have

if you have suffered from
depression before, since it could reoccur during treatment with
lorazepam

if you suffer from breathing
problems

if you are suffering from an eye
problem called glaucoma e.g. high
pressure within the eye

PIL/UK/MFG024/05/v6



Do not take this medicine if you are
pregnant, or might become
pregnant, without consulting your
doctor. Benzodiazepines, including
lorazepam, may cause damage to
the foetus if taken during early
pregnancy.
If you take this medicine during late
pregnancy or during labour, your
baby, when born, may be less
active than other babies, have a low
body temperature, be floppy, or
have breathing or feeding
difficulties for a while. Your baby’s
response to the cold might be
temporarily impaired. If this
medicine is taken regularly in late
pregnancy, your baby may develop
withdrawal symptoms after birth.
Do not take this medicine if you are
breast-feeding, since the drug may
pass into breast milk, and cause the
baby to be less active and unable to
suckle.

Driving and using machines
Lorazepam may make you feel dizzy,
sleepy or forgetful during the day, or
may affect your concentration. This may
affect your performance at skilled tasks
such as driving machinery or operating
machinery by affecting your vision or
muscle function. You should not take
part in any other activities where this
could put yourself or others at risk.
You should avoid alcohol while you are
taking lorazepam, since this may make
you very drowsy and seriously affect
your ability to drive or use machines.
The medicine can affect your ability to
drive as it may make you feel sleepy or
dizzy.

Do not drive while taking this
medicine until you know how it
affects you.

It is an offence to drive if this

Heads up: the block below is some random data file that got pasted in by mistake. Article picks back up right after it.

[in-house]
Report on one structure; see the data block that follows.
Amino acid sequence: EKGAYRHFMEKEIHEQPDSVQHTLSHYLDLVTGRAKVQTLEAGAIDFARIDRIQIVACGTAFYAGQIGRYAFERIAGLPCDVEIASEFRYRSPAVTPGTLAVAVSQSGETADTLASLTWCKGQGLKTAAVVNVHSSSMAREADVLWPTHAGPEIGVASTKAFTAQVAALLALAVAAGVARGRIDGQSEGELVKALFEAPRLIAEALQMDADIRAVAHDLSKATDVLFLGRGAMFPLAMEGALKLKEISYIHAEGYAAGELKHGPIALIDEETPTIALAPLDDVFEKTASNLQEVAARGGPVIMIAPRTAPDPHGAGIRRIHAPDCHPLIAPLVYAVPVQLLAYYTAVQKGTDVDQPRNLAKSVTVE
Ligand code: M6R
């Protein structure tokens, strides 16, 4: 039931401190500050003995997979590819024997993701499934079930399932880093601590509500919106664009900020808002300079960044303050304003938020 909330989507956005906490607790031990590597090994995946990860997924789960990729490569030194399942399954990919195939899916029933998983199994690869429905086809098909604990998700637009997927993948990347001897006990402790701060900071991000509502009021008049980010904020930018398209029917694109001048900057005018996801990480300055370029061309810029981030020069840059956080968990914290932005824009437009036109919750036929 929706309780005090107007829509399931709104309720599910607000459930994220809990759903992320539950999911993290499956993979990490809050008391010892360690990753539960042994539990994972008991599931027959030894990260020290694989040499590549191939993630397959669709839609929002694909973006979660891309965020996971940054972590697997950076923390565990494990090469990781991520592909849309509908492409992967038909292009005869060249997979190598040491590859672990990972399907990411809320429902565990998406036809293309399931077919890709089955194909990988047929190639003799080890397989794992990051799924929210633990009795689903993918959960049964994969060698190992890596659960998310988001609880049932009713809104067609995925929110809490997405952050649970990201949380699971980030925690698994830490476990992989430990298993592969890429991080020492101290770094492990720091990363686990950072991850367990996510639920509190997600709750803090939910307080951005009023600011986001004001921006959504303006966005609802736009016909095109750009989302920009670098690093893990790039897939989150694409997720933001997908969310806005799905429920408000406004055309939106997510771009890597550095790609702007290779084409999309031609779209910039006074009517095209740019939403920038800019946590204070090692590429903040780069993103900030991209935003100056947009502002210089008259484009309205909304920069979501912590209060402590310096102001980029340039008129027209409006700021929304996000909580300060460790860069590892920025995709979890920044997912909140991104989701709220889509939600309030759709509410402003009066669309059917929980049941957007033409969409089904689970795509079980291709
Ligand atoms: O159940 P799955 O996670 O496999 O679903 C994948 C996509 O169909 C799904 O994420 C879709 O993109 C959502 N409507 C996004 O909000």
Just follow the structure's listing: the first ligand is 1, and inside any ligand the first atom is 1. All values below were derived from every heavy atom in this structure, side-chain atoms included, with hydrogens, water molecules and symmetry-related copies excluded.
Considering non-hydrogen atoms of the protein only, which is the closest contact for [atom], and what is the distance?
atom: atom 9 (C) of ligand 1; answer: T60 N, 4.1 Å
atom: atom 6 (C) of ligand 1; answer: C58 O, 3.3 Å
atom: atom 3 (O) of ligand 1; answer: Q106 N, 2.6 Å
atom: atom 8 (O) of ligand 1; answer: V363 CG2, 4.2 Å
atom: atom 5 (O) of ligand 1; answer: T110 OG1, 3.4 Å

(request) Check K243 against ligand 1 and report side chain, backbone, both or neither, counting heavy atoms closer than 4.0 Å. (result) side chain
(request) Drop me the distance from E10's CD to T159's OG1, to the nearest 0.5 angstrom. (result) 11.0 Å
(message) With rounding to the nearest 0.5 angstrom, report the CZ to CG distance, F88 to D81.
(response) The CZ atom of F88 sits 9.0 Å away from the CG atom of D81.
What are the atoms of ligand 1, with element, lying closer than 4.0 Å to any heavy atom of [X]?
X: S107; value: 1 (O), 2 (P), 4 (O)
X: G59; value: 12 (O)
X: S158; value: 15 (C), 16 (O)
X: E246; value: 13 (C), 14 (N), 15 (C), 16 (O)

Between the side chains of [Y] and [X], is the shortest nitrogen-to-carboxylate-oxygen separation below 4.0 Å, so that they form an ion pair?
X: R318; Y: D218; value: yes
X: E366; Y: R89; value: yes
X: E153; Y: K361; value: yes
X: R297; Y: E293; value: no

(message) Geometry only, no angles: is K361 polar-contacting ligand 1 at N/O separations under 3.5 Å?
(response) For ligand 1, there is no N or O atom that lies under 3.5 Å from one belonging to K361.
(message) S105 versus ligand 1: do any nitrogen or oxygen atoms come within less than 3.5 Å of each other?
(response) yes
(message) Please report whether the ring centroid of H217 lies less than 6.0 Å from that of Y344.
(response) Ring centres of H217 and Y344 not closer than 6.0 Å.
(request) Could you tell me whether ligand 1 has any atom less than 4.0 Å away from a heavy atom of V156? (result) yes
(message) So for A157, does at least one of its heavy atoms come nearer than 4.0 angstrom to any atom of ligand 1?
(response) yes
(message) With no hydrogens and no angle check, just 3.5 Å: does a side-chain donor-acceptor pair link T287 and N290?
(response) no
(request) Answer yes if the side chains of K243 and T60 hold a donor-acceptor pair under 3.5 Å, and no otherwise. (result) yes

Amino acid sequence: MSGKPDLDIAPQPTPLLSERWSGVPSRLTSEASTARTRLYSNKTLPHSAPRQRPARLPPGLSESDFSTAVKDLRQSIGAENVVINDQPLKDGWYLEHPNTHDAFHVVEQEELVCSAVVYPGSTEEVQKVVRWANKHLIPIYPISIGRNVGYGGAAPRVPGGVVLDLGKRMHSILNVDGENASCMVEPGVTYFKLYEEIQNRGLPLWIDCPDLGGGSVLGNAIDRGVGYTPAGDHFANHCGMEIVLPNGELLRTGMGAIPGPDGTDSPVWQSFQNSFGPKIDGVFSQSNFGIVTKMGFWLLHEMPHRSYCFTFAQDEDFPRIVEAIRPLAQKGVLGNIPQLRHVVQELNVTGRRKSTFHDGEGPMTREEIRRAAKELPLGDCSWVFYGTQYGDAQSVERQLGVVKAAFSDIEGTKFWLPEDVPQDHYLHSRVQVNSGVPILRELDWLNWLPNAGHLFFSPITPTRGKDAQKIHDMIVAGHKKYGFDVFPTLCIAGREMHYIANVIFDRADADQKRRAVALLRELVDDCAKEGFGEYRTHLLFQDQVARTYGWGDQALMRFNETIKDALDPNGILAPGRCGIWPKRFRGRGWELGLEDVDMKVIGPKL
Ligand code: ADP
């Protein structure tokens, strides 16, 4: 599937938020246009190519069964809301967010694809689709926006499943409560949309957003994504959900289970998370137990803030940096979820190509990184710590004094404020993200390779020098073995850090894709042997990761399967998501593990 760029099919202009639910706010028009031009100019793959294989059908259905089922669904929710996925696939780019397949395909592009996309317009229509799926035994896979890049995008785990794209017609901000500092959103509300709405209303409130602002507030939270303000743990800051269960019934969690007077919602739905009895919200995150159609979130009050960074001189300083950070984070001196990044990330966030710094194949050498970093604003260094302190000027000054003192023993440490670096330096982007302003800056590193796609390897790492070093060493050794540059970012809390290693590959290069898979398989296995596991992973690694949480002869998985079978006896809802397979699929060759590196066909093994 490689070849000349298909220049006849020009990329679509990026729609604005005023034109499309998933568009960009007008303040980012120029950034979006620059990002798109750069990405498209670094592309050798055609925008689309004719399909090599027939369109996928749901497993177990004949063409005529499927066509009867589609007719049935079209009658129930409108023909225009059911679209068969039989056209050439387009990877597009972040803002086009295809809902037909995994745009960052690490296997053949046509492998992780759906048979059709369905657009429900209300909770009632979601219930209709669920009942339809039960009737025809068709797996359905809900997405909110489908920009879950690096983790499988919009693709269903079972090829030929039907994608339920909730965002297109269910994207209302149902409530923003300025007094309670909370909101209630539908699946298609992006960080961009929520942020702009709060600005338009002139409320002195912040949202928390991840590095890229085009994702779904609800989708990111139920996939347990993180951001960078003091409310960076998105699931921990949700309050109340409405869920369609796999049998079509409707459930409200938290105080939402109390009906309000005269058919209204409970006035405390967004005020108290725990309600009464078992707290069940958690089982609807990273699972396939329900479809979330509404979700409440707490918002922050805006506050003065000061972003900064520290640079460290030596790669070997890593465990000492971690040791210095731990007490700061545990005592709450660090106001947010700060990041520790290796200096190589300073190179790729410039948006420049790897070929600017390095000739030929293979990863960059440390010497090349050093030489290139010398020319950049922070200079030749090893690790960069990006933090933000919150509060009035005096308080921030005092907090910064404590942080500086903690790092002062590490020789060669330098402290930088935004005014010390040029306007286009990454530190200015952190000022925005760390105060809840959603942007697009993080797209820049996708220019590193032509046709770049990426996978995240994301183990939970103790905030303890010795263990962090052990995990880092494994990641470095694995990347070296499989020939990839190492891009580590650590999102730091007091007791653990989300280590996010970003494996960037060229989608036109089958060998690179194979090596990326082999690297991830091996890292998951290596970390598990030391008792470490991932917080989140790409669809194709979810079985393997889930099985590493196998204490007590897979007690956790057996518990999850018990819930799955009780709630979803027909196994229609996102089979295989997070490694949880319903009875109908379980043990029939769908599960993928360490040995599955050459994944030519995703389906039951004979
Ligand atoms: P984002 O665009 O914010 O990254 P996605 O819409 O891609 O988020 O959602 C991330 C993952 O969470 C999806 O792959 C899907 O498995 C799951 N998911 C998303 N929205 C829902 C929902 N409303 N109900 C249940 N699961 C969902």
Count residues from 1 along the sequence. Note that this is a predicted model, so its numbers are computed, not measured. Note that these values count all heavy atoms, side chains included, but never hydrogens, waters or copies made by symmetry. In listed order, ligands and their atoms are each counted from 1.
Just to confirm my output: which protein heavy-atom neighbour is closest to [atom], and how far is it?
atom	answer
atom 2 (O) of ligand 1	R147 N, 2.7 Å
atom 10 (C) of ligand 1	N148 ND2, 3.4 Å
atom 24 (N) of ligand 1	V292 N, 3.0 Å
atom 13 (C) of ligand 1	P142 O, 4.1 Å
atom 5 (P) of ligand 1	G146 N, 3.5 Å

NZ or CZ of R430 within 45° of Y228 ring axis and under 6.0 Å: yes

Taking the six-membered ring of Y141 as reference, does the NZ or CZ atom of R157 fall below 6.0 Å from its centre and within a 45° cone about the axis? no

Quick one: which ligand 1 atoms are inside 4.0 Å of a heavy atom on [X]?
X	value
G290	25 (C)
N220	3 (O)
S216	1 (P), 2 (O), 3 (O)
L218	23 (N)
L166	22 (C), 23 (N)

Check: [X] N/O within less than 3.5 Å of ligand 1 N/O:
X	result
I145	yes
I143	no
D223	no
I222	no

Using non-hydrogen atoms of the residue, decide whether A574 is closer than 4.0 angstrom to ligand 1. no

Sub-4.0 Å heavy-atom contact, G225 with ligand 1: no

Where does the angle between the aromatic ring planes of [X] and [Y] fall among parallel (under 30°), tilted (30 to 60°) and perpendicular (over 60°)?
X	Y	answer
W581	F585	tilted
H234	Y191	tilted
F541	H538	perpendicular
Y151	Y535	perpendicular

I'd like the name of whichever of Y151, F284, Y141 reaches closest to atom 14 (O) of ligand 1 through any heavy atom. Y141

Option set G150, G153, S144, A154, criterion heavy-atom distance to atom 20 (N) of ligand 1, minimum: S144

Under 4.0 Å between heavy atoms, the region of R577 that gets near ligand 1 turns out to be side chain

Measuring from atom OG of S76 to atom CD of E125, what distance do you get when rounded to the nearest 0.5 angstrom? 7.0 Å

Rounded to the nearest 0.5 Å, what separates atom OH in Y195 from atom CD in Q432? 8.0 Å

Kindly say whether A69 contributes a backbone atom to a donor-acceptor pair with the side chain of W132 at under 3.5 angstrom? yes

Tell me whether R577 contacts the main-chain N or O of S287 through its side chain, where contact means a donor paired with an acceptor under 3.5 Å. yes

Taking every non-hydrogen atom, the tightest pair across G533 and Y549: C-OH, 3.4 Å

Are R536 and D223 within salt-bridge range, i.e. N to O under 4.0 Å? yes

medicine affects your ability to
drive.

However, you would not be
committing an offence if:
• The medicine has been
prescribed to treat a medical or
dental problem and




You have taken it according to
the instructions given by the
prescriber or in the information
provided with the medicine and
It was not affecting your ability
to drive safely.

Talk to your doctor or pharmacist if you
are not sure whether it is safe for you to
drive while taking this medicine.
Lorazepam 1mg/ml Oral Solution
contains:
This medicinal product contains
small amount of ethanol (alcohol),
less than 100mg per ml. The amount of
ethanol 96% in each ml is 20.21mg.

3. How to take Lorazepam
Always take Lorazepam 1mg/ml Oral
Solution exactly as your doctor has told you.
The label on your medicine should also tell
you. You should check with your doctor or
pharmacist if you are not sure.
Adults

Anxiety: 1 - 4 ml (1 - 4mg) daily in
divided doses. Your doctor will tell
you how often to take the medicine.

Sleeping Problems: 1 - 2ml (1 2mg) before going to sleep. You
should make sure that you will be
able to sleep for 7 to 8 hours before
taking the medicine.

Before Surgery: 2 - 3ml (2 - 3mg)
the night before your operation and
2 - 4ml (2 - 4mg) 1 or 2 hours
before your operation.
Elderly or patients with liver or
kidney problems
Lower doses may be sufficient in these
patients. They may respond to half the
usual adult dose or less.
Lorazepam is not recommended for
use in children.
Lorazepam is usually prescribed for
short courses of treatment, lasting from
a few days to 4 weeks including a dose
reduction at the end. This reduces the
risk of becoming dependent on
Lorazepam, or suffering unpleasant
effects when you stop taking the
medicine (See 'If you stop taking
Lorazepam' section).
The beneficial effect of Lorazepam may
be less apparent after several weeks of
use. If you are given lorazepam for
more than 4 weeks, your doctor might
want to take blood samples occasionally
to check your blood and liver, since
drugs like lorazepam have occasionally
affected blood and liver function.
Method of administration:
This medicinal product contains medium chain
triglycerides which reacts with polystyrene
materials and makes it brittle upon contact.
Do not use polystyrene dosing devices for
measuring the dose.
Use the measuring syringe provided in
the pack to deliver the required dose orally.
The required dose should be drawn from the
container into the graduated syringe
provided using the syringe adaptor (see